Changing the Anti-GMO Conversation

It seems like a losing battle. Anti-GMO advocates have a loud and strident voice. Their claims of “Frankenfood” have been honed and refined over the years. There are now organizations set up as policing, educating, or labeling entities, despite the fact there are no laws or regulations they enforce, except their own.

How do growers get their message across to consumers that they farm sustainably and intelligently?  The majority of farm families ply their business to support their family and, in time, pass the land on to their children if they choose that life.

Agriculture is adhering to the truth in science to inform the general public, yet the non-GMO side of the debate appears to be all about shouting down science calling scientists “shills” if they don’t support their view of things. The truth is, not everyone is a scientist and can attest to the veracity of the claims of either side.

Have you ever looked up the definition of shill? “An accomplice of a hawker, gambler, or swindler who acts as an enthusiastic customer to entice or encourage others.”  Another definition is someone engaged in cover advertising or a person who publicly gives credibility to an organization without disclosing that they have a close relationship with the organization. If you know a scientist, you’ll no doubt be horrified to think they might be called a shill by anyone.

Science and scientists are being dismissed in numerous debates today. Science has become suspect it seems. Republican nominee for President of the United States, Donald Trump, believes global warming is a hoax. Vani Hari, better known as Food Babe, anti-vaxxers, and all those other purveyors of pseudo-science, misinformation and general fear mongering are having a powerful impact on a public that doesn’t know enough about the science to know better. How on earth can growers and others in the ag industry ever hope to combat their propaganda?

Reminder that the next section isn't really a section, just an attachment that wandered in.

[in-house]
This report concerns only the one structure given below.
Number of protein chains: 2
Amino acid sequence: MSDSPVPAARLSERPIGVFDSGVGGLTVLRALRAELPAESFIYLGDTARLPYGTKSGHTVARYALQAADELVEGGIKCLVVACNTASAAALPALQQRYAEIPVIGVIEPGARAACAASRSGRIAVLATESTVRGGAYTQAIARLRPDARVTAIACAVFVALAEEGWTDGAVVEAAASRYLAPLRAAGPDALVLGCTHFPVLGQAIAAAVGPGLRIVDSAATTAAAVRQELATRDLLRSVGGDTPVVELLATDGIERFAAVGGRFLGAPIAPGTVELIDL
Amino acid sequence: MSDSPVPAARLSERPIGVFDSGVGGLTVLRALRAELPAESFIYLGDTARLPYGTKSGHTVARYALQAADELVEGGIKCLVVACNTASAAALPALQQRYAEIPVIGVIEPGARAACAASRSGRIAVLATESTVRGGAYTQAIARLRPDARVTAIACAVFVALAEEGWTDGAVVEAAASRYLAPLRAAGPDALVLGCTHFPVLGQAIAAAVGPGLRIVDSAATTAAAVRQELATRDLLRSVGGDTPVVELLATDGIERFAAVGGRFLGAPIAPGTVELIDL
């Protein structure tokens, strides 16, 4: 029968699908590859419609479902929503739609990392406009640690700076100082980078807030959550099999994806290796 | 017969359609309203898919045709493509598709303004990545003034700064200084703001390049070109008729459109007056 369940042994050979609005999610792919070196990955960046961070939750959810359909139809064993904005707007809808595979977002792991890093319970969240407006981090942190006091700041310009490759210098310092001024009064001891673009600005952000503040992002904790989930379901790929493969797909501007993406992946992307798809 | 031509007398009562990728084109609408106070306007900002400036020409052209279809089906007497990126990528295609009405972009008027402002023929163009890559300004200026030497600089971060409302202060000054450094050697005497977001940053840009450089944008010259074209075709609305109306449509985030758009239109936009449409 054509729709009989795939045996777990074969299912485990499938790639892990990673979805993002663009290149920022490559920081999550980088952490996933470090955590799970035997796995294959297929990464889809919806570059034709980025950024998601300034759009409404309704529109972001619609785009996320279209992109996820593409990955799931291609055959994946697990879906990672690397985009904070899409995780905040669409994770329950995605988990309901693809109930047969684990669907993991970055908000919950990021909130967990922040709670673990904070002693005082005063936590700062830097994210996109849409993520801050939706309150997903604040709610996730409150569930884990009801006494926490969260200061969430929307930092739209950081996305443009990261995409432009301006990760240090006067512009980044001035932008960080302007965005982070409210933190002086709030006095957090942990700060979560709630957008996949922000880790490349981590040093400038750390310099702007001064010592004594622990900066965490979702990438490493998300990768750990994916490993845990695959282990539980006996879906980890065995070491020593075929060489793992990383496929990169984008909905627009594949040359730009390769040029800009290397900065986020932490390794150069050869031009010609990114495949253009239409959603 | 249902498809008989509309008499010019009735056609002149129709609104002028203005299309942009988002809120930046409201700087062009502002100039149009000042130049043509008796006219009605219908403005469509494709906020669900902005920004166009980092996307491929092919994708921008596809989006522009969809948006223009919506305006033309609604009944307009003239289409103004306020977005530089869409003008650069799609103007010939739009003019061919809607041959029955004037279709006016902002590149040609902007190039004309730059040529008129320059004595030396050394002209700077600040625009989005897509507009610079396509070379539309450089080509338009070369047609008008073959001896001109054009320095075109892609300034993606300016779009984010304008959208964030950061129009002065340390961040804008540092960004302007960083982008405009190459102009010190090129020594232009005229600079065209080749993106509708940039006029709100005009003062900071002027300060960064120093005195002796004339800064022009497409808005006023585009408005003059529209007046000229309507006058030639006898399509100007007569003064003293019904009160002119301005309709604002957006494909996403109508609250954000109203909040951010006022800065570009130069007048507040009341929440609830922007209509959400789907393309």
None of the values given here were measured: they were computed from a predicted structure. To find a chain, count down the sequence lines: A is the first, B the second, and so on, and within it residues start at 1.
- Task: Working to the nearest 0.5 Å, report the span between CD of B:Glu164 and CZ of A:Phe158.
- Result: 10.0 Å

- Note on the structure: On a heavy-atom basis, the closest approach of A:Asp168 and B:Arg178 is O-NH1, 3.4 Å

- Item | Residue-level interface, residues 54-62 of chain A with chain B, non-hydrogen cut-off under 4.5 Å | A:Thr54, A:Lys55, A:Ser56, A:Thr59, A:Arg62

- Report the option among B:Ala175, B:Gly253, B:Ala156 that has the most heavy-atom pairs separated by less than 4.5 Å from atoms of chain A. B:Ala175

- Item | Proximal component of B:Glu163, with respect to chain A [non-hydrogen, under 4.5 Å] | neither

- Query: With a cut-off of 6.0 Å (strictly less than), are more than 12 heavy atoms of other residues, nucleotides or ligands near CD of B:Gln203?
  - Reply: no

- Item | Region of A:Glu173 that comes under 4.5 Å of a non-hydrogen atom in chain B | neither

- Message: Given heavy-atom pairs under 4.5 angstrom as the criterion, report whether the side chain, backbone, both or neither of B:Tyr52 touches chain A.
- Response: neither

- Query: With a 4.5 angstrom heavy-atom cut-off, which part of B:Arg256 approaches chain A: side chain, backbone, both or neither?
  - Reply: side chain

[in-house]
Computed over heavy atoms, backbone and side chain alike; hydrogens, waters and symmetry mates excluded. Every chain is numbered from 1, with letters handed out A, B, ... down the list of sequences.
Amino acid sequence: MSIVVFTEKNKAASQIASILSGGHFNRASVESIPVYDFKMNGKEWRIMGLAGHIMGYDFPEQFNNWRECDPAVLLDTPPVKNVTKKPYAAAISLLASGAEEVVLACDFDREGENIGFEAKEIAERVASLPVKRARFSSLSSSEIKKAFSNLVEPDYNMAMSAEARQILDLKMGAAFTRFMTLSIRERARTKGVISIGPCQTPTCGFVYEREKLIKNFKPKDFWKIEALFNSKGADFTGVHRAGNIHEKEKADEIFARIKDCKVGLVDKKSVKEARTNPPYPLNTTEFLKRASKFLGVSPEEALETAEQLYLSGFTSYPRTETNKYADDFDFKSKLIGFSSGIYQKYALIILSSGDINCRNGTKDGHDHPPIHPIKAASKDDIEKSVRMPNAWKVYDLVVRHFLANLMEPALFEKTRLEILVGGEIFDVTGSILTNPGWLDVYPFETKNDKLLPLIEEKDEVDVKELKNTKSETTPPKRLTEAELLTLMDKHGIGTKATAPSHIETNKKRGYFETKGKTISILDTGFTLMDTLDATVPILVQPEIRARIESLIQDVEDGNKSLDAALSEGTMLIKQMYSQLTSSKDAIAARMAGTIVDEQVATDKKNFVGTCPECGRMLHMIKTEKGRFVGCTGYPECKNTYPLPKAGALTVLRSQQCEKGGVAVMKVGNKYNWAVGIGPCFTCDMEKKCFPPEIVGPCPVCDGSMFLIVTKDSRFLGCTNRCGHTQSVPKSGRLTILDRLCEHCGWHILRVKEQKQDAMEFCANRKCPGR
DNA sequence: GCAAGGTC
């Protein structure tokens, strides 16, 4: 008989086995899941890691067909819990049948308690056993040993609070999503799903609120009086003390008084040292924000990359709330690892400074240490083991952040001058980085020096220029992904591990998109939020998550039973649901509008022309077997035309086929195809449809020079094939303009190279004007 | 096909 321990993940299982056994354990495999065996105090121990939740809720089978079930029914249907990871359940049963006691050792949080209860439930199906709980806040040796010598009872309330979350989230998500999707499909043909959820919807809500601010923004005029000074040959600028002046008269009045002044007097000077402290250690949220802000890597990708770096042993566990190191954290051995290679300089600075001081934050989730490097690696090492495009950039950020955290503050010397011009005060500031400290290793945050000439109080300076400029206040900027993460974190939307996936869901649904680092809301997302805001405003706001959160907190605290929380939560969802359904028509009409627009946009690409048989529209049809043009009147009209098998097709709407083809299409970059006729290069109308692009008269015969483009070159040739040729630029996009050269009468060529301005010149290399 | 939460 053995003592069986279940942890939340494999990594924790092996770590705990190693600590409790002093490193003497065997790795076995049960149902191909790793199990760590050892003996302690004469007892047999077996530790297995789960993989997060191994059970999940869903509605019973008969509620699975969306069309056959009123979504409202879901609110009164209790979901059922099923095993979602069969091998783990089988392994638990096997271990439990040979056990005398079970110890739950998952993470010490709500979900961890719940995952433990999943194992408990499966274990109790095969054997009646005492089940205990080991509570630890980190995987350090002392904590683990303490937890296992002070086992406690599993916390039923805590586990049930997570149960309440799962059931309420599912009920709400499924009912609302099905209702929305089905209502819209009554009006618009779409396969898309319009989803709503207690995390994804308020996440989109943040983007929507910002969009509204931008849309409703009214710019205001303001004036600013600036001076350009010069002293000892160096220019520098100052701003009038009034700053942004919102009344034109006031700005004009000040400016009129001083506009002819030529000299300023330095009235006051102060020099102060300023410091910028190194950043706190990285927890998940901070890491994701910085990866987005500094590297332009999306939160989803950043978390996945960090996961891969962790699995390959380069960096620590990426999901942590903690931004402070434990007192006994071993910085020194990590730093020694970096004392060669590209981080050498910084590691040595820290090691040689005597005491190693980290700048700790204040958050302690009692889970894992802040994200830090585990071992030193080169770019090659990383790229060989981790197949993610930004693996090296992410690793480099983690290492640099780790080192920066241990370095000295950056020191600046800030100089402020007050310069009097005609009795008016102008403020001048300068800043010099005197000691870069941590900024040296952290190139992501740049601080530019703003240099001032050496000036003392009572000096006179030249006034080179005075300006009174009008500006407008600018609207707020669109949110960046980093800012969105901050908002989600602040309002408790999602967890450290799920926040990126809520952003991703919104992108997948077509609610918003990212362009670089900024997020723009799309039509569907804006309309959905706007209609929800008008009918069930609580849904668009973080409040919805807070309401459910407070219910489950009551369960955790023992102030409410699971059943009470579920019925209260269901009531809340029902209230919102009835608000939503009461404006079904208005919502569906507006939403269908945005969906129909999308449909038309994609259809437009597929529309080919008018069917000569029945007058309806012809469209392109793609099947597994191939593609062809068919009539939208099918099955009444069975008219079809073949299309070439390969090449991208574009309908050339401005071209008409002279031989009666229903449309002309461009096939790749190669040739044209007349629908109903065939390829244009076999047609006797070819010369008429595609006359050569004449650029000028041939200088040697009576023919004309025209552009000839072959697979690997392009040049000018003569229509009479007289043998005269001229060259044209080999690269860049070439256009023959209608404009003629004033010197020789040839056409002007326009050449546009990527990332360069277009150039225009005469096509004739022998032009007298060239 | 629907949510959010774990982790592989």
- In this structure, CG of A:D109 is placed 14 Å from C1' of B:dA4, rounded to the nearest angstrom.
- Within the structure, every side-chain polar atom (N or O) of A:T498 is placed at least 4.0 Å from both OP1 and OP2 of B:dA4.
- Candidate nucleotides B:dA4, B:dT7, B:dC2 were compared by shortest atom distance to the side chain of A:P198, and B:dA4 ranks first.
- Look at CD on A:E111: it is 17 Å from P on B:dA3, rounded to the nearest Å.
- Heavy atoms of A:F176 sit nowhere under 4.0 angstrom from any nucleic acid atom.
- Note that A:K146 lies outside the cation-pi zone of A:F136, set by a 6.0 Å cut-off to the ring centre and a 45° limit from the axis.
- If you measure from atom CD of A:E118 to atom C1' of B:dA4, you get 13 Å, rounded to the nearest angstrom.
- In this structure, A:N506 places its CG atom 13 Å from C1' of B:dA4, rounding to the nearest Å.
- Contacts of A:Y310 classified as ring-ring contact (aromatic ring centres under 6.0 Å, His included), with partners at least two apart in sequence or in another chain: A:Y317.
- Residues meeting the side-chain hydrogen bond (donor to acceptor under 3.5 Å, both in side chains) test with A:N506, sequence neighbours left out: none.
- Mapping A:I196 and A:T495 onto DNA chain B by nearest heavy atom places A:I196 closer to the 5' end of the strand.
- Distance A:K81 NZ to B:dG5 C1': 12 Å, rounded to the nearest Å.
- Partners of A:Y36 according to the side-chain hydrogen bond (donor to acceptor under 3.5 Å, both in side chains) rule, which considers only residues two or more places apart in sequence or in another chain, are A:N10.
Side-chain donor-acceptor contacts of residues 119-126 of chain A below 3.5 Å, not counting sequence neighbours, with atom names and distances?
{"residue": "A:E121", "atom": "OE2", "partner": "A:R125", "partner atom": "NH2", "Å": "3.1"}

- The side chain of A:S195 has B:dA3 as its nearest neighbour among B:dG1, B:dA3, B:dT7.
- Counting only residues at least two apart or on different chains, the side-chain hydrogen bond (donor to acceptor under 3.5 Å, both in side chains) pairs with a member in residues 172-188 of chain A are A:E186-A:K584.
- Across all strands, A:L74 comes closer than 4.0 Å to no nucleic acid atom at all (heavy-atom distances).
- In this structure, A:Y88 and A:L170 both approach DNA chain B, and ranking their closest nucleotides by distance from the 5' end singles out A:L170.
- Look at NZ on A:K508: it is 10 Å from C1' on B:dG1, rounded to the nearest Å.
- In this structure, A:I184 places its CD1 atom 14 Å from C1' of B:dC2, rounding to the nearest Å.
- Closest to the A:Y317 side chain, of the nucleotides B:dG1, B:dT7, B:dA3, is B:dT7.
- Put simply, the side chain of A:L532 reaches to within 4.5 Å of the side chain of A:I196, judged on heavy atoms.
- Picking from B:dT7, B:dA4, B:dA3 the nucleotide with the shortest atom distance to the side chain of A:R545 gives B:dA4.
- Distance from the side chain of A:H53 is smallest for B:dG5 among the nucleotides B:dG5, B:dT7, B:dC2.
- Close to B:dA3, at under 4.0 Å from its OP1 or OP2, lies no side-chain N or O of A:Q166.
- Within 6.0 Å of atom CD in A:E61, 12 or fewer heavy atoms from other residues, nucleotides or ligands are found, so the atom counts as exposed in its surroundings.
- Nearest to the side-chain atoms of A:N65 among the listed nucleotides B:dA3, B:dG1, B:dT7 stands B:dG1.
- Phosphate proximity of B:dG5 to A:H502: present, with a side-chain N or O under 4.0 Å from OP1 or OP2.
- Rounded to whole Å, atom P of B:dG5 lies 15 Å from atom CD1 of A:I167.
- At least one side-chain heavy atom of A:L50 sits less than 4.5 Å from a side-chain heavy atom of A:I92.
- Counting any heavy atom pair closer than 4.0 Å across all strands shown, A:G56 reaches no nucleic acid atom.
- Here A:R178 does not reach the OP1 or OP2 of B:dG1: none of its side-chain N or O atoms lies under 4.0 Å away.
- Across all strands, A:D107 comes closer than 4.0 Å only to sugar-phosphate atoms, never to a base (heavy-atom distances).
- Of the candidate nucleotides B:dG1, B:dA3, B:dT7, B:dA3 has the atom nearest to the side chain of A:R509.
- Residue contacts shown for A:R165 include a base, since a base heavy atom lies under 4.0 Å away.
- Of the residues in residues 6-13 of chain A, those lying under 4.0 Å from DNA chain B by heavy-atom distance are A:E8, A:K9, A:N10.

It may seem like an uphill battle but growers need to add their voices to this debate. Organizations like Agriculture More Than Ever seek to provide a positive voice for agriculture. Improving perceptions and dispelling myths is a key goal of the organization, but they also seek to provide resources for others to have that conversation too. There are many others out there, as well, doing their piece to keep truth in the conversation.

Growers can present the human side of farming. Most consumers believe farmers are trustworthy. Using this trust, farmers can dispel negative impressions and create an environment that attracts people, investment, and most importantly, consumer confidence for the future. Farmers and their families are an integral part of society and as such, have a voice that brings experience and passion to the debate.

Talk to consumers – anyone not living on a farm. Ask them questions and try to find out what their perceptions of farming are. Do they believe most farms are family owned or “corporate farms”?  Do they know what GMOs are or how long they’ve been around? Do they know the benefits they bring to the farm in reducing pesticide use and increasing production? Do they know how many crop types are GM? These will present opportunities for the conversation to evolve and allow you to provide some insight and understanding and dispel any incorrect assumptions. All you have to do is tell your personal story that’s been ingrained, in some cases, for many generations.

Ignoring the problem is not an option if you are concerned about the future of farming. So get out there and start a conversation with a non-farmer today!